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Atlantic Yards/Pacific Park graphic: what's built/what's coming + FAQ (pinned post)

Modern Farmer, the "whopping" garden at 550 Vanderbilt, and the "massive public works project"

I've written before about puff pieces for the 550 Vanderbilt rooftop farm, and here's another, from Modern Farmer,  Brooklyn’s Newest Condo Amenity: Rooftop Agricultural Plots, complete with some glaring distortions:
But here’s one we haven’t seen much of: Rooftop gardens. That’s right: one gigantic new-construction condominium building in the heart of Brooklyn is making urban agriculture a fundamental part of its pitch. 550 Vanderbilt is a huge 278-unit building in what was formerly called, and probably still best known as, the Atlantic Yards, a massive public works project to transform a defunct train terminal into a commercial and residential zone anchored by the Barclays Center, home of the NBA-worst Brooklyn Nets.
... Because the building is so big, there are plenty of nooks and crannies to tuck fun stuff throughout its 17 stories, and what the designers came up with is a whopping 520 square-foot gardening space on a huge eighth floor terrace.
(Emphases added)

Um, it's not a "public works project," it's a public-private partnership with emphasis on the latter. A "train terminal" underneath the Atlantic Terminal mall is not the same as the Vanderbilt Yard, which 1) is not defunct and 2) only 8.5 acres, and thus can't be transformed into the 22-acre Atlantic Yards/Pacific Park.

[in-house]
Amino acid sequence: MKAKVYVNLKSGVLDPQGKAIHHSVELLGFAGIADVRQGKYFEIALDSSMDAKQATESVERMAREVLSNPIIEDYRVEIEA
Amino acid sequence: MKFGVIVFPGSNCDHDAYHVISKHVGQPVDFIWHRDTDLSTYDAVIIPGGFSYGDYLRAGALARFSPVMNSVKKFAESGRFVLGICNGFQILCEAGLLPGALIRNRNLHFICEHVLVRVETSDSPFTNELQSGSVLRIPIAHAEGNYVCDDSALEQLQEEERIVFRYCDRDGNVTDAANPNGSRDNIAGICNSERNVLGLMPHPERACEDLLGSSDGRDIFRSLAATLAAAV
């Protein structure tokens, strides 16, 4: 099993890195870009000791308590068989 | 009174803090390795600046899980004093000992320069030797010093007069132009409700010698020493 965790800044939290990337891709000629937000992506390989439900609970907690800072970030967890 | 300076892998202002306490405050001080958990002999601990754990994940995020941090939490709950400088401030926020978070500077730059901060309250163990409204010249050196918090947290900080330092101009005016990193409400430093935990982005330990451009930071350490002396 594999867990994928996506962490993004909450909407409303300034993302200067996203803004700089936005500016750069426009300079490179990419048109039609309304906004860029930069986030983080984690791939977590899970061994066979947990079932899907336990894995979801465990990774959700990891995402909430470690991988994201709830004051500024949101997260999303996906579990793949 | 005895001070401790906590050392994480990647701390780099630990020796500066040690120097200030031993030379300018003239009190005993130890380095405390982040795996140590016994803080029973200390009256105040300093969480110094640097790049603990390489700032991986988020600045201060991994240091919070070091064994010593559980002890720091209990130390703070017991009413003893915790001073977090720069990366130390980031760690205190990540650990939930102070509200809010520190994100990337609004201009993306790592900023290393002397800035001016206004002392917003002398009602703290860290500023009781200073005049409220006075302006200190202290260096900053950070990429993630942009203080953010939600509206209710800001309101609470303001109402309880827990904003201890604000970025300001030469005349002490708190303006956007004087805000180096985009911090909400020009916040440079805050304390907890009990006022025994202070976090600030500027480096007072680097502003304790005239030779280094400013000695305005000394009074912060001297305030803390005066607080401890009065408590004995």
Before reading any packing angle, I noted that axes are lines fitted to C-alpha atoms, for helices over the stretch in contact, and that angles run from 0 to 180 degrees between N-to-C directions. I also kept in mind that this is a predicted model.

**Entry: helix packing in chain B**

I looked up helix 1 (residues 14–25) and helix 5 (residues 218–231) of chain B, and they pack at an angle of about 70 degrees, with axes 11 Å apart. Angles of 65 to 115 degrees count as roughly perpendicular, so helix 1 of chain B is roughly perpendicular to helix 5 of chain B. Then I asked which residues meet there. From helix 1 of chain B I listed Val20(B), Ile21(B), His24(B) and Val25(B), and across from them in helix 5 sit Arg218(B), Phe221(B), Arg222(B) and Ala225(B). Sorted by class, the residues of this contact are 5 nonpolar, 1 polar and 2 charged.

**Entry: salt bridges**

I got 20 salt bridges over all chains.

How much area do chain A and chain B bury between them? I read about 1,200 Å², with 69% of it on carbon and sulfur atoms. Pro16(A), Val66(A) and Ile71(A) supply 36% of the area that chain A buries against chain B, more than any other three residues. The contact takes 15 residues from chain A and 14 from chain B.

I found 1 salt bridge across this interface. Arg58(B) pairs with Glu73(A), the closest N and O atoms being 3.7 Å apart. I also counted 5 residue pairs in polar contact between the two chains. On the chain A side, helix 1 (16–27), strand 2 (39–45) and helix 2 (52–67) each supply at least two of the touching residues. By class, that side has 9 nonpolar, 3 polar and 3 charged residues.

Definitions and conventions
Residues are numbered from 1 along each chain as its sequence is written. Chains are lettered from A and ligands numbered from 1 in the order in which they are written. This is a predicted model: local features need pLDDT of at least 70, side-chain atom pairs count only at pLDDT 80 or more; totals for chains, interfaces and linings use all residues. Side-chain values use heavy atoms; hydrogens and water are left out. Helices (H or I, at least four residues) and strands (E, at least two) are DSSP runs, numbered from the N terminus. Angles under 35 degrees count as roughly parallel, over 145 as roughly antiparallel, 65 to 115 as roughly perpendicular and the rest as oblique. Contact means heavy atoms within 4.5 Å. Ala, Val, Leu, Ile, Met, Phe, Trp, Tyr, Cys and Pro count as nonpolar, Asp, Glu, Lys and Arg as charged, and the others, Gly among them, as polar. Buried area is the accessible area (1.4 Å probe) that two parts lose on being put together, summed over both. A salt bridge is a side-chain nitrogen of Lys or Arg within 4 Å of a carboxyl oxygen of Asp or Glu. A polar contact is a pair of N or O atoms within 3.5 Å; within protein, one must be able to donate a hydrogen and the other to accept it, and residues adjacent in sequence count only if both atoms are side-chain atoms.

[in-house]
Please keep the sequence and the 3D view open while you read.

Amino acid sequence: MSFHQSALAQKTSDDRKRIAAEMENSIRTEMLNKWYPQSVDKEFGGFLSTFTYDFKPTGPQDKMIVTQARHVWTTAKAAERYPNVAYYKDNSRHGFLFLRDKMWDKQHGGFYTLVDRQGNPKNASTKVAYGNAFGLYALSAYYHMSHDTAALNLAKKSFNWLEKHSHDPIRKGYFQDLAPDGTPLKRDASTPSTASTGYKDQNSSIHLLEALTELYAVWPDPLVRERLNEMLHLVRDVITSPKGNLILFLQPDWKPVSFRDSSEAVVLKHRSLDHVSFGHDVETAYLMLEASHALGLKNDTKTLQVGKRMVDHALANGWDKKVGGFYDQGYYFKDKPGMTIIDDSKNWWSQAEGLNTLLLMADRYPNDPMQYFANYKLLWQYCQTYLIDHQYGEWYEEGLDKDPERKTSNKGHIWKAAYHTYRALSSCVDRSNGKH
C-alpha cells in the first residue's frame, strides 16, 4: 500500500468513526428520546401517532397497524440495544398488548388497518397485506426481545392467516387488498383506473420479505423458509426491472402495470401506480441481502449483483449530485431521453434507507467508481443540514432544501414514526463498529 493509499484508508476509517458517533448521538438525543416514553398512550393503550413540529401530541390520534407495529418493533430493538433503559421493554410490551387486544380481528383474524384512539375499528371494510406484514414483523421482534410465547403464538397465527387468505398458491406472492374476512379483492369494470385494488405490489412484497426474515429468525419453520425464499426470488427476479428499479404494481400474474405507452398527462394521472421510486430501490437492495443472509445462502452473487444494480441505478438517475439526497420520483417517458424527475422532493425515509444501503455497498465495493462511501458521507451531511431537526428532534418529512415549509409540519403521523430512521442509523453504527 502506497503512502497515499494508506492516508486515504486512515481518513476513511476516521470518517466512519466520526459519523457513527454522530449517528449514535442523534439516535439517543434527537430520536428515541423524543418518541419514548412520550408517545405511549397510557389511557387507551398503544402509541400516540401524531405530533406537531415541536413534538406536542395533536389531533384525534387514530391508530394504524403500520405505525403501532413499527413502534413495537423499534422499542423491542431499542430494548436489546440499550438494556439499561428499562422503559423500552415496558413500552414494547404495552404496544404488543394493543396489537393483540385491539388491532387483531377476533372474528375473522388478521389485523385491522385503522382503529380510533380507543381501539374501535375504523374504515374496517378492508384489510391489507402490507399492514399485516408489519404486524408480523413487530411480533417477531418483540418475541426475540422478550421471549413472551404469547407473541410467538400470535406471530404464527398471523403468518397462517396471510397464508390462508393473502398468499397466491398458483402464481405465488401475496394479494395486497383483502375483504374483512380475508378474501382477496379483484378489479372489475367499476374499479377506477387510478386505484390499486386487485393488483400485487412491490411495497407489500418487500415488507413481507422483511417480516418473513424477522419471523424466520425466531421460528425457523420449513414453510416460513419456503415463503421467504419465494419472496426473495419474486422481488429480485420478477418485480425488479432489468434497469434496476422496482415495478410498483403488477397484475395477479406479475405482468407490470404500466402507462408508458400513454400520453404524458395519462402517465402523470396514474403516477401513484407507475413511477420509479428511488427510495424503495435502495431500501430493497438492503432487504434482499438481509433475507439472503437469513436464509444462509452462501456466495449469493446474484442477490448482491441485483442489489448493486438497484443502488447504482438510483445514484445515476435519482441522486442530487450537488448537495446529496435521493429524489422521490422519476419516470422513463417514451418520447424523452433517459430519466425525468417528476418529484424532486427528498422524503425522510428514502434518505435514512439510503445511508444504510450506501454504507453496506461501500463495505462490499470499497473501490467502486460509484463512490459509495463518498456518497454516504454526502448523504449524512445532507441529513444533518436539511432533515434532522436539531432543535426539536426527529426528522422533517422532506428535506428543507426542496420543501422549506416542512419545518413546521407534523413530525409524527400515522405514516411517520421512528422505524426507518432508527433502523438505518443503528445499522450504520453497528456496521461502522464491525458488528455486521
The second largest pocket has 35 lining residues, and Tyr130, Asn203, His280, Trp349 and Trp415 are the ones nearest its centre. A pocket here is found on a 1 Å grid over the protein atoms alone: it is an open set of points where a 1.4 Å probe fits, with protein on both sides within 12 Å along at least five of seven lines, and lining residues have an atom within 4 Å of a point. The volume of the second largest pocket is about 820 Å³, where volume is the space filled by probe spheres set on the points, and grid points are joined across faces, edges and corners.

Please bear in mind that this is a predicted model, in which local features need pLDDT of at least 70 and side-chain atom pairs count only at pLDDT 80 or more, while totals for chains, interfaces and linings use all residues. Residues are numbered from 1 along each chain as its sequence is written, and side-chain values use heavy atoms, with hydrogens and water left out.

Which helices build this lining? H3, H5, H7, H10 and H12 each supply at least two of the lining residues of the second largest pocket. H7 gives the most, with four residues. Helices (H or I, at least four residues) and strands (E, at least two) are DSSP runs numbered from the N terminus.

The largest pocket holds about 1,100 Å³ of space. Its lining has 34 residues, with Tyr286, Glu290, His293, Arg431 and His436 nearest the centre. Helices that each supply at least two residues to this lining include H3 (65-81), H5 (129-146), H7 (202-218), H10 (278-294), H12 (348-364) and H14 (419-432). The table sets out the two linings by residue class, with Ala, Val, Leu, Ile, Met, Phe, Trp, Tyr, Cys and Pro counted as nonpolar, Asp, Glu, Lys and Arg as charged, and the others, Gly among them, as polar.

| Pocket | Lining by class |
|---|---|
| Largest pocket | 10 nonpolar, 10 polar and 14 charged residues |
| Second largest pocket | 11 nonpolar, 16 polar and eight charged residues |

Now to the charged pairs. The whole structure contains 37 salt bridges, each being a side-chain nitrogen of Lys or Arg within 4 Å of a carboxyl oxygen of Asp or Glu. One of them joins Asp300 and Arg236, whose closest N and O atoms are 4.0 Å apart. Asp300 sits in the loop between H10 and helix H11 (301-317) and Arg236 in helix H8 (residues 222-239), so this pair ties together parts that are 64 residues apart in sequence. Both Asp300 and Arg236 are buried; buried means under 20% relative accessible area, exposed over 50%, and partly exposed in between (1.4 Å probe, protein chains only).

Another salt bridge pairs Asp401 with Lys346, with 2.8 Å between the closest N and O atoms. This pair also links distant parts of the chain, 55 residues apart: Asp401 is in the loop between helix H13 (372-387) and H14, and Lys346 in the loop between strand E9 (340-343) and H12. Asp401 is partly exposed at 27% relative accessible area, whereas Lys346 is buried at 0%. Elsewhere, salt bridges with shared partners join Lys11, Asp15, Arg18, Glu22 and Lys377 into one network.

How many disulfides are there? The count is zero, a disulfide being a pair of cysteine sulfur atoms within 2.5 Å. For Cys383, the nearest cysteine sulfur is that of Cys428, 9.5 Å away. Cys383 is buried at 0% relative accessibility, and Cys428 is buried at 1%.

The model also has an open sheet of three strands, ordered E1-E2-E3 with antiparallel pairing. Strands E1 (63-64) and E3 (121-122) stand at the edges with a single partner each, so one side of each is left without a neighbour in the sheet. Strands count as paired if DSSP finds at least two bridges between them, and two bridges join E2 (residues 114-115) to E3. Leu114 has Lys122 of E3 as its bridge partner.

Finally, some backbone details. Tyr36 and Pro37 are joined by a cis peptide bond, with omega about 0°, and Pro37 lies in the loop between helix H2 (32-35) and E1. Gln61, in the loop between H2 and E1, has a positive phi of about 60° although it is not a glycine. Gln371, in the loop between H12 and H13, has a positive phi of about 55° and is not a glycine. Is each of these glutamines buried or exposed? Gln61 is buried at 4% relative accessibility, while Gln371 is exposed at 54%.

In fact, 550 Vanderbilt is being built on the southeast block of the project, terra firma, formerly occupied by commercial and residential buildings.

The gardening space is reported as 520 square feet, which is the size of a decent studio apartment--not "whopping" unless it were associated with a single apartment, rather than 278 units, or 1.87 square feet per unit. (I earlier erroneously tweeted a slightly lower figure, using 298 units.)

Interestingly enough, the garden was previously reported as a "1600-square-foot rooftop farm." My best guess is that the majority of that space is reserved for the restaurant Olmsted, with the "whopping" remainder left for residents.